Pacific Ocean coast, in Carmel-by-the-sea, Monterey Peninsula, California.

6 Best Small Towns in California for Outdoor Enthusiasts

With 280 state parks preserving California's natural diversity and attracting millions of visitors each year, it's clear that the Golden State is a haven for outdoor enthusiasts. From the parks' 340 miles of stunning coastline to the state's many towering mountains, there's something for every nature lover. Whether you're seeking a relaxed lake day, a tranquil beach vacation, or an active hiking weekend, you'll find a small town in California whose natural backdrop will reignite your passion for the outdoors in ways you never imagined. Here are 6 of its towns where locals live and breathe the outdoors, welcoming others to share in their enthusiasm.

Mount Shasta

Bunny Flat Trailhead, Mount Shasta, Shasta-Trinity National Forest
Bunny Flat Trailhead, Mount Shasta, Shasta-Trinity National Forest

Nestled in the foothills of the majestic Mount Shasta, the town of the same name beckons visitors with its scenic beauty and gateway to adventure. Catering to thrill-seekers and leisurely hikers alike, this double-peaked volcanic mountain offers trails for all abilities throughout the year. With its highest peak reaching 14,179 feet, Mount Shasta is a magnet for skiers and snowboarders nationwide. A mere 20-minute drive from Mount Shasta town lies Mt. Shasta Ski Park, where winter sports enthusiasts can enjoy the slopes. Spanning 2,038 vertical feet, the park features 38 trails ranging from beginner-friendly to expert-level challenges, alongside areas designated for sledding, snowshoeing, and snowmobiling. Before setting out for a day in the snow, visitors can gear up at the local Sportsmen's Den.

As the snow melts, summer transforms Mount Shasta into a haven of wildflowers, and the town offers some of the most picturesque alpine trails. The Gateway Trail, a recent addition, was designed to maximize scenic views and offers a more gentle terrain compared to other mountain trails with steeper elevations. Just a few minutes from downtown Mount Shasta, hikers can embark on wooded paths leading to the mountain's lower slopes. Over 30 miles of trails have been developed (with more in progress), offering various loop lengths for those eager to delve deeper into the mountains. The trail system is thoughtfully divided into three zones: the Community Zone for trails near the town, the Learning Zone featuring family-friendly paths, and the Big Mountain Zone, which includes moderate to challenging hikes and mountain biking trails.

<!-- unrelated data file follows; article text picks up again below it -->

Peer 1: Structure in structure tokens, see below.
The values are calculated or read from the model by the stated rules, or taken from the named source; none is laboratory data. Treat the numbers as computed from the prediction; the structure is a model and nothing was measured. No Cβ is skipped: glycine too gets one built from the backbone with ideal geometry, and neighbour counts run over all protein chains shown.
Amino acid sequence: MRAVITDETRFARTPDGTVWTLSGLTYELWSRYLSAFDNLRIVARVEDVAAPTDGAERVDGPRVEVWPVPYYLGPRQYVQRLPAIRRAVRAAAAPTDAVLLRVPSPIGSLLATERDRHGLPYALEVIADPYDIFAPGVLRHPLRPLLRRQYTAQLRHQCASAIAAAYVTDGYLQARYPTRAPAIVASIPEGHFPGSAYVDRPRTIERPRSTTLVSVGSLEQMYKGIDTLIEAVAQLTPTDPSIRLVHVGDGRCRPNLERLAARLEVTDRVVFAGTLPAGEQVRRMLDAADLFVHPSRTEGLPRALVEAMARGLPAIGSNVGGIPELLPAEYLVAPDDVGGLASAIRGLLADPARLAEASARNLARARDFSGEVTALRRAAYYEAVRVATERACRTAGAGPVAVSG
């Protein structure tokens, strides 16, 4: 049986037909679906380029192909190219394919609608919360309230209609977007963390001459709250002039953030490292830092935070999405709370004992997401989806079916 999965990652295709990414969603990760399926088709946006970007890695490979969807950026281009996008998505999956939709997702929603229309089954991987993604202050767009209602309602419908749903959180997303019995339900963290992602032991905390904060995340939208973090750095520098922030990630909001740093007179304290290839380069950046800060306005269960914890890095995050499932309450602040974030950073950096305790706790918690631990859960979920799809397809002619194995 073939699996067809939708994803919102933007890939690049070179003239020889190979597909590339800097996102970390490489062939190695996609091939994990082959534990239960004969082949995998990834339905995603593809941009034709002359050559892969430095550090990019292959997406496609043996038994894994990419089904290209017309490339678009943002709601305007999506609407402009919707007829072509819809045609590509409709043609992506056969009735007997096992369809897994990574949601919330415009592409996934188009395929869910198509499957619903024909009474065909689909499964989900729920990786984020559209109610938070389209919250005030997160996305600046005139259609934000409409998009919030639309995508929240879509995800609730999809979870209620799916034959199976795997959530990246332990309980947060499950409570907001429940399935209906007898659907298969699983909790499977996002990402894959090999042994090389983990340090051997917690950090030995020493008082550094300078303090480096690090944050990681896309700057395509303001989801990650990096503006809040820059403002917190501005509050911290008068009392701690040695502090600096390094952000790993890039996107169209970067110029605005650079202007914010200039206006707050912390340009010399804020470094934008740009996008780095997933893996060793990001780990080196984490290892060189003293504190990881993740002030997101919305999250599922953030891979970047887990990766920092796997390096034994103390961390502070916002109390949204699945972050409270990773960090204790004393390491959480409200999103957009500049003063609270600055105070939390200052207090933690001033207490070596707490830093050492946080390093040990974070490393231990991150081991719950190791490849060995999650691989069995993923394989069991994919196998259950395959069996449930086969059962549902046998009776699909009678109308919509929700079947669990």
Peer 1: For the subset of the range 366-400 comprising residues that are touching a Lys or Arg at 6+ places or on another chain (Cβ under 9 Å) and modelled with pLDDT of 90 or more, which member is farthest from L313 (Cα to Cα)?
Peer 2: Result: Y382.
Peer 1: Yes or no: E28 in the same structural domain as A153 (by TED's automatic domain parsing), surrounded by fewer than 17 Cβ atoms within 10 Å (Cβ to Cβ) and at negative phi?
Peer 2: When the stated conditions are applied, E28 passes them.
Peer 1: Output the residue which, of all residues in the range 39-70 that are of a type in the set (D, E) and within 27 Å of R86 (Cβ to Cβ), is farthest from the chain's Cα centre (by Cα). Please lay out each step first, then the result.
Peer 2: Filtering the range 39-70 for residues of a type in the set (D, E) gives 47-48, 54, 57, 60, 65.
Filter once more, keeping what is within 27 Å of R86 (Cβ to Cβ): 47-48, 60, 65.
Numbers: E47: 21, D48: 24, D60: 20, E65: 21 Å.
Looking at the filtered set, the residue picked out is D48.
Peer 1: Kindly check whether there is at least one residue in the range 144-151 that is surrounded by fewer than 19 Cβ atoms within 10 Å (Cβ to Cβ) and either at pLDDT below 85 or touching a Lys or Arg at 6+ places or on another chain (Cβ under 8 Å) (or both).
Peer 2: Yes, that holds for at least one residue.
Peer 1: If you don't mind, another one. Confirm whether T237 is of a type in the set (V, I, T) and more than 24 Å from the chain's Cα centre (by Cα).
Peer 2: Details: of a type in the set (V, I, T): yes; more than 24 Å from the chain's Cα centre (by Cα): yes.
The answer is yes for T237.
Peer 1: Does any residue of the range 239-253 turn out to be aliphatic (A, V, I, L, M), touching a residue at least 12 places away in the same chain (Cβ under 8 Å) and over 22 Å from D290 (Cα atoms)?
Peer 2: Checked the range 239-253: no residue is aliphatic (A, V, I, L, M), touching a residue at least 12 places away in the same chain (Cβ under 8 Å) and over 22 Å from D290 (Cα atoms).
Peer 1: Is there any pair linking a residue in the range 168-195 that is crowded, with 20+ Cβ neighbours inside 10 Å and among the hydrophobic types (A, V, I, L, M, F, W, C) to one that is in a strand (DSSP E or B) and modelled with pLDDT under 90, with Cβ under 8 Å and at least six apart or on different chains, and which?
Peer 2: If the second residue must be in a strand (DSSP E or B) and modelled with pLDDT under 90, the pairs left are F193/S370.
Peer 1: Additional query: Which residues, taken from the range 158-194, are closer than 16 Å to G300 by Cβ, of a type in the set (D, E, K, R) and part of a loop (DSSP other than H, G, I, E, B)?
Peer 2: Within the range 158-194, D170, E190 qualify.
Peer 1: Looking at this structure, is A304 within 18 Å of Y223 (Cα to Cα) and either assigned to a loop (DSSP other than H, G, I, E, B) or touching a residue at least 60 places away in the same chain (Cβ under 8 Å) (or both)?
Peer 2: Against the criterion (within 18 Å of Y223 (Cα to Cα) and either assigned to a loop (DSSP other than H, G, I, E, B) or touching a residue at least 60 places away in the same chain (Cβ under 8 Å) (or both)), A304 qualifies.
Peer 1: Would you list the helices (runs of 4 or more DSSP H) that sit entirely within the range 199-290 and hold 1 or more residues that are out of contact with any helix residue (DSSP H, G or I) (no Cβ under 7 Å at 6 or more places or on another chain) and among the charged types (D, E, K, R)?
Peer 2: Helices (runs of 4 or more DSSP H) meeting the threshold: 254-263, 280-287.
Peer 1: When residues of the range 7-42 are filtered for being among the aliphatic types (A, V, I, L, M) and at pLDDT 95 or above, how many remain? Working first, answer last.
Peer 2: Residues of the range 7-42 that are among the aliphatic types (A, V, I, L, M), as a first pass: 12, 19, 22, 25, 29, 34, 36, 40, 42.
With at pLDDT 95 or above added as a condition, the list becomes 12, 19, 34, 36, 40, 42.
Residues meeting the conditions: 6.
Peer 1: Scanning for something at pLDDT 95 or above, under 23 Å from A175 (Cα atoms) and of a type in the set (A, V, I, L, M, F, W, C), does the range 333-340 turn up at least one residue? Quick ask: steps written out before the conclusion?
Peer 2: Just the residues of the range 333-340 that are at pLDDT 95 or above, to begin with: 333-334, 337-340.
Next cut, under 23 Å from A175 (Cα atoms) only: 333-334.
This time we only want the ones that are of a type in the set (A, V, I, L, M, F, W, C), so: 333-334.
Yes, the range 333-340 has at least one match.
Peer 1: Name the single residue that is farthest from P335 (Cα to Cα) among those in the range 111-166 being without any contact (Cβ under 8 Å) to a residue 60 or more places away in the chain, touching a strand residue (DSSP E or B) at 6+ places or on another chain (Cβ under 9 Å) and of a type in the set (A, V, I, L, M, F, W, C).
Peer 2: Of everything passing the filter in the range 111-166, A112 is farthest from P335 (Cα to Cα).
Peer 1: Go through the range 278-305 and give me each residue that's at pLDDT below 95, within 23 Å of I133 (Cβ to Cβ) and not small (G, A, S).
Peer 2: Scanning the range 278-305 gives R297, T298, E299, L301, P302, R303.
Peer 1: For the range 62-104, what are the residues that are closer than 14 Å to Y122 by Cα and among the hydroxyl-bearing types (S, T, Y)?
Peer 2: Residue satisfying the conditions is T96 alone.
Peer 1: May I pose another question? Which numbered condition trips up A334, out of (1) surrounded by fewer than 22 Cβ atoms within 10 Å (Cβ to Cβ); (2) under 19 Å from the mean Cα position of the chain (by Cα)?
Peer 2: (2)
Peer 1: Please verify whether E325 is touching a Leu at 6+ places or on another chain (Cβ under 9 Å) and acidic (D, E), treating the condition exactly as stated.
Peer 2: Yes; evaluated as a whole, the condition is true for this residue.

The Amtrak station in Dunsmuir, California
The Amtrak station in Dunsmuir, California

Just 13 minutes from Mount Shasta, the small town of Dunsmuir is proof that sometimes the greatest attractions can be found in the smallest towns. Known for its spectacular waters, Dunsmuir sits on the Sacramento River, which is just the start of its aquatic allure. Alpine lakes, streams, and waterfalls can be found in the surrounding areas, earning the town its slogan: “Home of the Best Water on Earth.” Dunsmuir's drinking water is notably pure, being filtered snowmelt from Mt. Shasta’s volcanic slopes.

For a short but rewarding hike, take the 0.7-mile Hedge Creek Falls Trail, which offers views of a tranquil canyon and a picturesque 30 to 35-foot waterfall. You can walk behind the waterfall through a large, naturally carved cave for some truly magical views. As you continue down the canyon, a variety of smaller cascades lead to an observation deck with a scenic view of the Sacramento River.

Back in town, the Dunsmuir Botanical Gardens provide another opportunity to enjoy the beauty of the Sacramento River and its surrounding flora. Wander through the 10-acre nature area's various paths to see a blend of forests, wildflower meadows, and sculpted gardens. Just 9 minutes from Dunsmuir, Castle Crags State Park is a must-visit natural attraction, with its granite spire ridges soaring 6,500 feet above the town. The park offers 30 miles of trails for a day of exploration and adventure.


A busy street in downtown Carmel, California
A busy street in downtown Carmel, California, via Sundry Photography /

Grounded by its beautiful beaches, Carmel-By-The-Sea offers experiences as delightful as its name suggests. A popular starting point is Carmel Beach, located at the end of Ocean Avenue. This sandy coastal park is a favorite spot for surfing, beach bonfires, or strolling along the cypress-lined Scenic Pathway that overlooks the shoreline. It's also extremely dog-friendly, welcoming the entire family, including four-legged members.